We know how the interactions between Jesus and the Pharisees affected the Pharisees. They resented everything Jesus said and did, and sought occasion to put him out of the picture. But I cannot help but think that for Jesus, these occasions had to be rather frustrating. Here are the most educated of the Jews, the people he came to save, and they just were not getting the point.
Jesus’ point in today’s gospel is that the Sabbath is not the goal in and of itself. What is important is that God should be glorified in everything that we do, not that we spend time criticizing what others are doing. The path to holiness consists in tending to our own spiritual house and not in dwelling on what others are doing. And these religious leaders should have known better, they should have taken better care of their people: perhaps had the Pharisees provided something for the worshippers to eat, those who were hungry would not have had to risk violating the law.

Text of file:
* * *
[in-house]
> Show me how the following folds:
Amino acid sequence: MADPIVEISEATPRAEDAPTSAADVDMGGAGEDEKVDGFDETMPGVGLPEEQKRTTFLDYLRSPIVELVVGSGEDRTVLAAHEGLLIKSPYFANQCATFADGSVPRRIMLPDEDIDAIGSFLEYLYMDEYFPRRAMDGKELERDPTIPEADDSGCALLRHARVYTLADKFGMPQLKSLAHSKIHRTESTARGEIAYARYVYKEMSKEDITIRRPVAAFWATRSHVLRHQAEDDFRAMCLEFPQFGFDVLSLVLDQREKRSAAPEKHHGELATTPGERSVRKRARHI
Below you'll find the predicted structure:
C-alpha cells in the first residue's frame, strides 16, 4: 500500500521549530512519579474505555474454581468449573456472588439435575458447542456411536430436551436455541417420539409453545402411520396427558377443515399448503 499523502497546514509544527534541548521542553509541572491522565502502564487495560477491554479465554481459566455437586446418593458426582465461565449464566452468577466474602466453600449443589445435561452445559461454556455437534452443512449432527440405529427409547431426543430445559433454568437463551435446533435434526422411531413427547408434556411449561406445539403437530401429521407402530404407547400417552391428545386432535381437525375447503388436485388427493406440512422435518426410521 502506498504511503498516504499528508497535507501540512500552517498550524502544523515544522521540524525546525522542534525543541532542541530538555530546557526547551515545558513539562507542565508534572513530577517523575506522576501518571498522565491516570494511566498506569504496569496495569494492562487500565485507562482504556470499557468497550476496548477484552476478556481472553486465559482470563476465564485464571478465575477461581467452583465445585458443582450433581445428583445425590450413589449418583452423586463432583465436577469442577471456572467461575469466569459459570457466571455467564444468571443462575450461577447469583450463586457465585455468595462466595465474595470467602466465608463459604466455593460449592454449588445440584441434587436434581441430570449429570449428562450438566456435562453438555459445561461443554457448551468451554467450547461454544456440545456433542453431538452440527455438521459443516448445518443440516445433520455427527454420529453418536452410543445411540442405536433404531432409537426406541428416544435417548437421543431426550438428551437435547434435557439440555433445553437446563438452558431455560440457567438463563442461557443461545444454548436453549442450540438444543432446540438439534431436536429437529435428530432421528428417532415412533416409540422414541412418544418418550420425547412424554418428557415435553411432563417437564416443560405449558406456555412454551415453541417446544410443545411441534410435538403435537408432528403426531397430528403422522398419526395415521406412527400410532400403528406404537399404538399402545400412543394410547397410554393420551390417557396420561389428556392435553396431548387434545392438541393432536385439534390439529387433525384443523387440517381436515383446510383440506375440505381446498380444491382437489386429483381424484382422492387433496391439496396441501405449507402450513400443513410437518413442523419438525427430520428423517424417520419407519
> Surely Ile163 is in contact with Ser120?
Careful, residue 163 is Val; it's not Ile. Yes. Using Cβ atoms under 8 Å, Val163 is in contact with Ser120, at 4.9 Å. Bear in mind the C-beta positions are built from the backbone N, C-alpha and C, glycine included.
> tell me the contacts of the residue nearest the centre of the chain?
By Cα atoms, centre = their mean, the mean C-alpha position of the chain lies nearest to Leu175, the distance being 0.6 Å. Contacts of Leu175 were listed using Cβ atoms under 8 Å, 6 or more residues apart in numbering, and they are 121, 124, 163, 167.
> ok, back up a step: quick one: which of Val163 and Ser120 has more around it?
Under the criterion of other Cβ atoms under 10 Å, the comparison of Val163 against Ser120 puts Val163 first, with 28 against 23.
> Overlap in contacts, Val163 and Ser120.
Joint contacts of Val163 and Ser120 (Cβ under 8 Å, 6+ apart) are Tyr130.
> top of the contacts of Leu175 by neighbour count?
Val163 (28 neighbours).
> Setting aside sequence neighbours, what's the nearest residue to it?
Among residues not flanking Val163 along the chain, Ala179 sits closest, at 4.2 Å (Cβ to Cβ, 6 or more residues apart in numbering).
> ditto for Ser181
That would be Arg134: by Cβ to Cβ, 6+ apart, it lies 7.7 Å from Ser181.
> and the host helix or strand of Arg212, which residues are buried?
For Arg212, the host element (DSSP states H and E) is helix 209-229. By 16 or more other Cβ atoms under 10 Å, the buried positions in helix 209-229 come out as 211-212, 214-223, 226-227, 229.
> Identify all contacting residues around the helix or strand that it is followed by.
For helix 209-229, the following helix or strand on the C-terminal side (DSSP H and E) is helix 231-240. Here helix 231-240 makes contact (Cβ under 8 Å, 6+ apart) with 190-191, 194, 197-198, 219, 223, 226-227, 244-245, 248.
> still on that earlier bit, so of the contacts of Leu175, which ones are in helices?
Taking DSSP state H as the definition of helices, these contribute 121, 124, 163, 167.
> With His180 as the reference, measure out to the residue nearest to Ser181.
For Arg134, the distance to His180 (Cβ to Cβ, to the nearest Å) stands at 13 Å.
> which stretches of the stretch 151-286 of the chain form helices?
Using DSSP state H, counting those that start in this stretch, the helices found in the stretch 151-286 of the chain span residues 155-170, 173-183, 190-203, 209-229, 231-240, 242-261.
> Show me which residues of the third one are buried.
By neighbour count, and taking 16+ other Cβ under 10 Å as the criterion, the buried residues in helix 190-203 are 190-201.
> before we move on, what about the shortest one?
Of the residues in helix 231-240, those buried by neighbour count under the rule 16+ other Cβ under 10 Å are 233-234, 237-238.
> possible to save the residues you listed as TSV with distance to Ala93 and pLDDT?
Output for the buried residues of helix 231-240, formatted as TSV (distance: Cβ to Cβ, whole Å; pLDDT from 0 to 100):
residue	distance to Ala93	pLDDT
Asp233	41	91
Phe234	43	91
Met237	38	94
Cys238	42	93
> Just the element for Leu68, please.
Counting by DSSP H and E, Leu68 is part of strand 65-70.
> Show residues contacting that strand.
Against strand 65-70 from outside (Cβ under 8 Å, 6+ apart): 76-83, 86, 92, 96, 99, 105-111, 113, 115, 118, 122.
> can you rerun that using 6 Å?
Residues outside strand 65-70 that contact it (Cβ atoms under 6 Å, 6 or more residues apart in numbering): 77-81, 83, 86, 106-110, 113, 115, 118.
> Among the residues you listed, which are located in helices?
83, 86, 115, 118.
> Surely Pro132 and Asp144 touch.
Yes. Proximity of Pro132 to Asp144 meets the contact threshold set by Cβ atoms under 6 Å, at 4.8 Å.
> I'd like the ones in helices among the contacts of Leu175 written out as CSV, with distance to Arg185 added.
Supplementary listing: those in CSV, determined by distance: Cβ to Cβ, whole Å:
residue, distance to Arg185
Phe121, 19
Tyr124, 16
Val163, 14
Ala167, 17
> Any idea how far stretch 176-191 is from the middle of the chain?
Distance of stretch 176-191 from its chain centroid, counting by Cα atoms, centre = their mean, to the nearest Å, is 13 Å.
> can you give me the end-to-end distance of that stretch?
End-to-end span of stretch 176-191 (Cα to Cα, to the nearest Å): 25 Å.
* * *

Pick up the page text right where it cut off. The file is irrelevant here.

Today’s readings speak to all of us about our true vocation as worshippers. We were made – all of us – to give honor and glory to God. In order to fulfill that vocation, our worship then must be authentic and joyful and a serious priority. We must get all the details right – not the miniscule details crossing every “t” and dotting every “i” – but the details of taking care of one another, and making our worship mean something in our lives.
We were made to worship God in Spirit and truth. We can do that by making every moment, every action of our lives, an occasion of worship – because that’s what worship really is. The Son of Man is Lord even of the Sabbath. May his lordship in our lives lead us to fulfill our vocation as a worshipping people.